As you mention, short of that, the next step is a tire change.
     
  16. Carspotter Daily

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    Okay - Thanks, it's mainly a safety concern, and i know i shouldn't expect more from a two ton car... And yes, sorry - All Model S's come with Brembo's stock.

    Now i'm wondering if there is some way to disable ABS. I know it helps with cornering while braking, but i will most likely never track my car, or do any racing - so ABS doesn't really help me.. Like i said, ABS allows you to steer while braking to avoid collisions, but also sacrifices braking distance.

    Thanks again!
     
  17. ifung90

    ifung90 Member

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    disabling ABS is a bad idea.

    Before I upgraded to my AP Racing big brake kit, I have updated my tires to Michelin Pilot Supersports 245/265 section width.

    As many have suggested, Tires are 80% the story and 20% is brakes.

    I presume the OP has already upgraded tires or are running the 21" option with the upgraded summer tires. If you're on all seasons like the General Exclaims or the Continental Contisport, no brake upgrades will benefit you as they are terrible tires in terms of grip.

    I live in an area where I am blessed to be allowed to run Max performance summer tires 365 days of the year.

    In terms of brake upgrades, I don't agree that big brake kit will make the car brake worst in any case, even if they are Ceramic disc. It depends on the ceramic disc and how they are manufactured. In the 2011 R8 V10 that I used to drive, it had Ceramic brakes and their initial bite was strong despite cold start. If you're accustomed to early generation Ceramic discs, then I suspect you would be biased in their performance. Ceramic disc also have a longer life than their steel counterparts.

    I can't comment on the Racing brake compound as I have no personal experience with them, but the AP Racing street pad that I have create less brake dust than the OE pads.

    The bite is much stronger and way less prone to overheating thus leading to a longer brake pedal travel.

    Hawks HPS are no better than the original tesla brake pads. I would not recommend these for heavy cars whatsoever.

    If you're looking for brake pads, try Racingbrake 500 compound. Porterfield RS pads or Carbotech XP8/XP10.

    Go find Peter @ Nextmod since you live in Greater Toronto area. I used to live in Markham.
     
  18. AWDtsla

    AWDtsla Active Member

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    Going to something like an XP10 for a street car is stupid. They have minimal performance when the brakes temperatures are at ambient, it will be worse than the stock pads. HPS is a compromise for increased coefficient of friction starting out even at cold ambient temperatures.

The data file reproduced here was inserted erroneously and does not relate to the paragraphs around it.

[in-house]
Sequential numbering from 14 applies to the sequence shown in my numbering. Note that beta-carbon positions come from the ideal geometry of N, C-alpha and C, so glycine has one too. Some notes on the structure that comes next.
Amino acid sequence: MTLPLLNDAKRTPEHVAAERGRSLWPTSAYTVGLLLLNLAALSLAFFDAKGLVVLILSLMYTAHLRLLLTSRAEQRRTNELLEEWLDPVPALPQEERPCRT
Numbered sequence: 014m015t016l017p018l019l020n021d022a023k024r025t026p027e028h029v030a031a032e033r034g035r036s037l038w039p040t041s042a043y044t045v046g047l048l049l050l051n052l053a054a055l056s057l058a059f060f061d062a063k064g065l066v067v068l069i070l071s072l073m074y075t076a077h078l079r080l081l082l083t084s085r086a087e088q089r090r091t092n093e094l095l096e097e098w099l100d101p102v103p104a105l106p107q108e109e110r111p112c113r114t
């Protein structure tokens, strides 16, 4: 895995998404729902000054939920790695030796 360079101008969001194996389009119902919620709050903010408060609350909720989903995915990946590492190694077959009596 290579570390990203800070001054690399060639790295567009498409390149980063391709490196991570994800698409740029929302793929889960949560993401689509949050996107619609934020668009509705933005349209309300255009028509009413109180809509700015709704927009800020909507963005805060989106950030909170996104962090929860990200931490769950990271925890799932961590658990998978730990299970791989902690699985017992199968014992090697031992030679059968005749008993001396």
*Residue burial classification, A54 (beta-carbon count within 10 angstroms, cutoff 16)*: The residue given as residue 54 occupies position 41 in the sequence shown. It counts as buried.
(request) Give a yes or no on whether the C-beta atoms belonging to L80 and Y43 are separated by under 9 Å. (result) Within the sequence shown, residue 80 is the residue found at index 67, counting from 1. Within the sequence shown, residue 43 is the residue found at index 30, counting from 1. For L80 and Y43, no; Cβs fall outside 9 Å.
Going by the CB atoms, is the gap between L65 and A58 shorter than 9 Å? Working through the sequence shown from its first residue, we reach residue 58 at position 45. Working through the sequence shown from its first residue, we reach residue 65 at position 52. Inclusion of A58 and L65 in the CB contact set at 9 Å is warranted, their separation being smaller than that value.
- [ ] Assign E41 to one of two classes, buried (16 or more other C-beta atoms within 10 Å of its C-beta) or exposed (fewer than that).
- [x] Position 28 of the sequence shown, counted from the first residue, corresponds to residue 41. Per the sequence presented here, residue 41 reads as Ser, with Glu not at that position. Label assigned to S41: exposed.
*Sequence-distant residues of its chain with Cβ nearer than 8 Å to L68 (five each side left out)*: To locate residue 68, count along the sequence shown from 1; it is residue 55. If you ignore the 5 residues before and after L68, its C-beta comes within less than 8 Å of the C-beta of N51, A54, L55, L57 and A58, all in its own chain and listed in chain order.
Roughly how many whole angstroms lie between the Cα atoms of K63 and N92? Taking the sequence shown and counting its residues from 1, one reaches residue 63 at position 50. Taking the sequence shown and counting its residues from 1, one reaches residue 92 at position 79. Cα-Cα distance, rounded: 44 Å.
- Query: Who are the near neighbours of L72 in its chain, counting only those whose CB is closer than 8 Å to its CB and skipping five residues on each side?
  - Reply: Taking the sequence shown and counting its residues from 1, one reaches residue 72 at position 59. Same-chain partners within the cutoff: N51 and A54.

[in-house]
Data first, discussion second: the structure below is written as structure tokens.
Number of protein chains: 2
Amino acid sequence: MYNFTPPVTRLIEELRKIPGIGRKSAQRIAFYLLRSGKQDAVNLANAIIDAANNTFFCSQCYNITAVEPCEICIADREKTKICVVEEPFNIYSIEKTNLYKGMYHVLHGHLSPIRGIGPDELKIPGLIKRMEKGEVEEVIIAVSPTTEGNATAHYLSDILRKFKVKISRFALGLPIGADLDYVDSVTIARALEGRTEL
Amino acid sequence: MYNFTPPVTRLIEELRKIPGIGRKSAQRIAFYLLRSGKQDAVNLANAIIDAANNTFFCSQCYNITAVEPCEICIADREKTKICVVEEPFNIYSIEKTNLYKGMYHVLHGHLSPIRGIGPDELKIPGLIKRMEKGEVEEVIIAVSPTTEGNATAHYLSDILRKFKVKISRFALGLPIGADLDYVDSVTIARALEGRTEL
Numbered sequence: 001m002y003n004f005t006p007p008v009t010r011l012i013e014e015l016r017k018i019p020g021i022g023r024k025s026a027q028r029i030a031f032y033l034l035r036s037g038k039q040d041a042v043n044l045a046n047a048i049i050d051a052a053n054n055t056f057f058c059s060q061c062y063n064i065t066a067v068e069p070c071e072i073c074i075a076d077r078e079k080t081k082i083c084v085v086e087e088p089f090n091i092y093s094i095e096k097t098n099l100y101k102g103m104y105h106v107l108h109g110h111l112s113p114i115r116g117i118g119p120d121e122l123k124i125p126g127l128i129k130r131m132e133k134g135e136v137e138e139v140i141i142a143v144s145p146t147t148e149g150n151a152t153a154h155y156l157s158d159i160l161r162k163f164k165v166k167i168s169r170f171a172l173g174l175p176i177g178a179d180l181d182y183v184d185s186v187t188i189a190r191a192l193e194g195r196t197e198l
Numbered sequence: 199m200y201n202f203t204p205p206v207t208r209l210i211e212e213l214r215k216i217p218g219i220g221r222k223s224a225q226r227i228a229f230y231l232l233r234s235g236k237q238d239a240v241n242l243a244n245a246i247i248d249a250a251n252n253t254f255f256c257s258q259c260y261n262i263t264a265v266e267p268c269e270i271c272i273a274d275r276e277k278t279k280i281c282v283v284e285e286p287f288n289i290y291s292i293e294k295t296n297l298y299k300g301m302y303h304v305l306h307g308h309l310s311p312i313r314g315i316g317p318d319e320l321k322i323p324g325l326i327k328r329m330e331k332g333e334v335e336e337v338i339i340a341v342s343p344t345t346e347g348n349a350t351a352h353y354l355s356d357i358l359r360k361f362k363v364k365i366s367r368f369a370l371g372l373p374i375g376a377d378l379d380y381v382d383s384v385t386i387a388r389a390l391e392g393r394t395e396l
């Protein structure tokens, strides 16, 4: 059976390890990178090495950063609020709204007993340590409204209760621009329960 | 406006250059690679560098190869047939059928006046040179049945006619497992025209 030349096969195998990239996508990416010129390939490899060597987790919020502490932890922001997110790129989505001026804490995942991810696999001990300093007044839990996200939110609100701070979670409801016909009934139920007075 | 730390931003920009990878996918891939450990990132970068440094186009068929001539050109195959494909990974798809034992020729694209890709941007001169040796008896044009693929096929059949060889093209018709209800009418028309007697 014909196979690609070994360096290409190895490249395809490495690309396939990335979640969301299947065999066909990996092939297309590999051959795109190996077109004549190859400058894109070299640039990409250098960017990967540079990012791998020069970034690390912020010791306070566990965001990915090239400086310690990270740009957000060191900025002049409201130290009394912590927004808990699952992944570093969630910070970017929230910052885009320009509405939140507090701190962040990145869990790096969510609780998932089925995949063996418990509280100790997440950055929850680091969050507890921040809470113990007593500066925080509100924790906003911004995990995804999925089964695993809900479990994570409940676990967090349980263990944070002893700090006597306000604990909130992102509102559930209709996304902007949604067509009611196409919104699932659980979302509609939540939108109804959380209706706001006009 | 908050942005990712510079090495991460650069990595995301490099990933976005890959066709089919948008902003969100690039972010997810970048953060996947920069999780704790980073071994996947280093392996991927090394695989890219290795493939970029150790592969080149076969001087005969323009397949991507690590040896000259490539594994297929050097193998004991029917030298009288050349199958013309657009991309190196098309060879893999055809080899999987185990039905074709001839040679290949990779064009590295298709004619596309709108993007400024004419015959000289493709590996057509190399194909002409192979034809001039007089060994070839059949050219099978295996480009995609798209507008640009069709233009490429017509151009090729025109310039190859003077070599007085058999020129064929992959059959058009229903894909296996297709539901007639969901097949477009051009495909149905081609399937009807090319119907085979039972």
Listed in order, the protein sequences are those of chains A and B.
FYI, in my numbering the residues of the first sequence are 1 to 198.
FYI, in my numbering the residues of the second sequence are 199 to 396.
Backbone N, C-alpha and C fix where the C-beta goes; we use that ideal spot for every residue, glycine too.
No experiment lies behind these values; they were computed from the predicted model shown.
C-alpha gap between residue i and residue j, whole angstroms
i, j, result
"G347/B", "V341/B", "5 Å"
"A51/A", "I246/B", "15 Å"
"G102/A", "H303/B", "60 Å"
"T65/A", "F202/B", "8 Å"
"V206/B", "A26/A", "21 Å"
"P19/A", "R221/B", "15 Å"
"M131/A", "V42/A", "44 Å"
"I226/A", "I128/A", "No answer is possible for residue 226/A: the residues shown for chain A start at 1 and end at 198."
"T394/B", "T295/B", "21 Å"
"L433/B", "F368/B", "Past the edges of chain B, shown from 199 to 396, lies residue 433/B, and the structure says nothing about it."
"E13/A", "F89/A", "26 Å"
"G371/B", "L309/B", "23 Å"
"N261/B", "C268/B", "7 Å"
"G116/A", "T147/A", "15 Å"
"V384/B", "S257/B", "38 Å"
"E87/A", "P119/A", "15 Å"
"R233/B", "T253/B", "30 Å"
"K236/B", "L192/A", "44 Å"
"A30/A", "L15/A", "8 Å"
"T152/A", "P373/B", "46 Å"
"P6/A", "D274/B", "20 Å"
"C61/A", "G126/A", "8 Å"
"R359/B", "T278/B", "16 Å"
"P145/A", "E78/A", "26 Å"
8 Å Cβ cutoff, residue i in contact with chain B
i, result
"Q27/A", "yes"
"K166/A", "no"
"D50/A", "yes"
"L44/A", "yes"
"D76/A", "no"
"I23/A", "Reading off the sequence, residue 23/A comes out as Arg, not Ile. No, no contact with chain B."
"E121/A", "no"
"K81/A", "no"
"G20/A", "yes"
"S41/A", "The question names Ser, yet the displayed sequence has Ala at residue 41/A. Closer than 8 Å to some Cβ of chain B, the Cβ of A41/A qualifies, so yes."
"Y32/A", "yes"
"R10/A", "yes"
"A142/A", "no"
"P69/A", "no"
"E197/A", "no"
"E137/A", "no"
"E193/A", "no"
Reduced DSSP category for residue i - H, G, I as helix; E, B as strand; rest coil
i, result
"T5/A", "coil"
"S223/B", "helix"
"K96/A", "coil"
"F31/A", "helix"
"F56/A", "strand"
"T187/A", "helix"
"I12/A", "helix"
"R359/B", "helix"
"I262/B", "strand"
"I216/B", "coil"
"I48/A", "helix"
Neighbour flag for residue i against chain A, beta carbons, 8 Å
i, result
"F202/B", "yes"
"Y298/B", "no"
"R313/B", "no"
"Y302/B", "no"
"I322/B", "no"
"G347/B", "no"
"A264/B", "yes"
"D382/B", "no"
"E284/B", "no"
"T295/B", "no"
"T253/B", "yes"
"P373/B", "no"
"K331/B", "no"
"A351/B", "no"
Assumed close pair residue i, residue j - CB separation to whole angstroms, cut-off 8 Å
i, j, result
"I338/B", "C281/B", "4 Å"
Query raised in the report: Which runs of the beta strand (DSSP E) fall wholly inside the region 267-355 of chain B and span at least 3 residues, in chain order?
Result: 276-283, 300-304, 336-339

But hey, you can browse car forums all day long with people upgrading to big brakes with high temp pads for cars that rarely see the track.
     
  19. Gizmotoy

    Gizmotoy Active Member

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    You have to be a damn good driver to do better than ABS on the street on anything better than gravel or snow. Even most track-day instructors are going to tell you to smoothly and progressively press (don't stab) the brake until ABS kicks in. The chance of you riding the fine line between maximum stopping and locking the wheels in a panic braking situation is practically zero. Leave the ABS on.

    The stopping distance on this two ton car is already extremely impressive. 60-0 comes in 108 feet. Note that of the 20 fastest-stopping vehicles ever tested by Motor Trend, a list populated with exotics and sports cars, #20 accomplished the same feat in 101 feet. It beats the Panamera by 3 feet even though it weighs 500 more pounds.

    It could be a hell of a lot worse.
     
  20. ifung90

    ifung90 Member

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    I don't think the motortrend testing of 60-0 is the best representation of "brakes" as you don't hit the brakes as hard as you can and clench your teeth every single time you want to stop right?

    The standard brakes lack feel and has a fairly long pedal compared to other sports sedan in its price range. But I guess the argument is that the model S shouldn't be considered a sport sedan, then in that case it shouldn't need any brembo calipers to begin with. Then again it shouldn't have the power to go from 0-62 in 5.5s/4.0s/3.2s/2.9s either if it's not a sports sedan.

    I think a 2.9s 0-62 mph car should stop under 100 ft, hence why I upgraded my brakes and don't regret it whatsoever.

    This is probably under my previous car's influences are all sports cars (C63 PP, supercharged M3 and Big turbo Golf R) so the Model S fairs quite poorly against other sub 4.0s 0-62mph cars in terms of braking.

    I've seen many people daily XP8. It's not a loud squeaky pad nor is it more dusty than the standard compound. I would never recommend dailying Hawks HP+ or HT30. I've had great results using Ferodo DS2500 (but overheats if you repeated stop from 140 mph to speed limit) and loved DS1.11 (new DS3000 compound) but unfortunately the oem calipers only have DS2500 available.

    Hawks HPS is a great oem alternative if you're looking for a cheap, reputable pad that dusts less, but for real stopping power wise it's not adding up for the smiles per dollar spent.

    I think most of us on the forum can afford better things for this car since the car is by no means cheap in any way.

    OP, Racingbrake also has a 2-piece rotor upgrade with pads for $2400 USD. 4 Rotors and 2 sets of pads with stainless lines. Fairly good deal if you want to retain original caliper.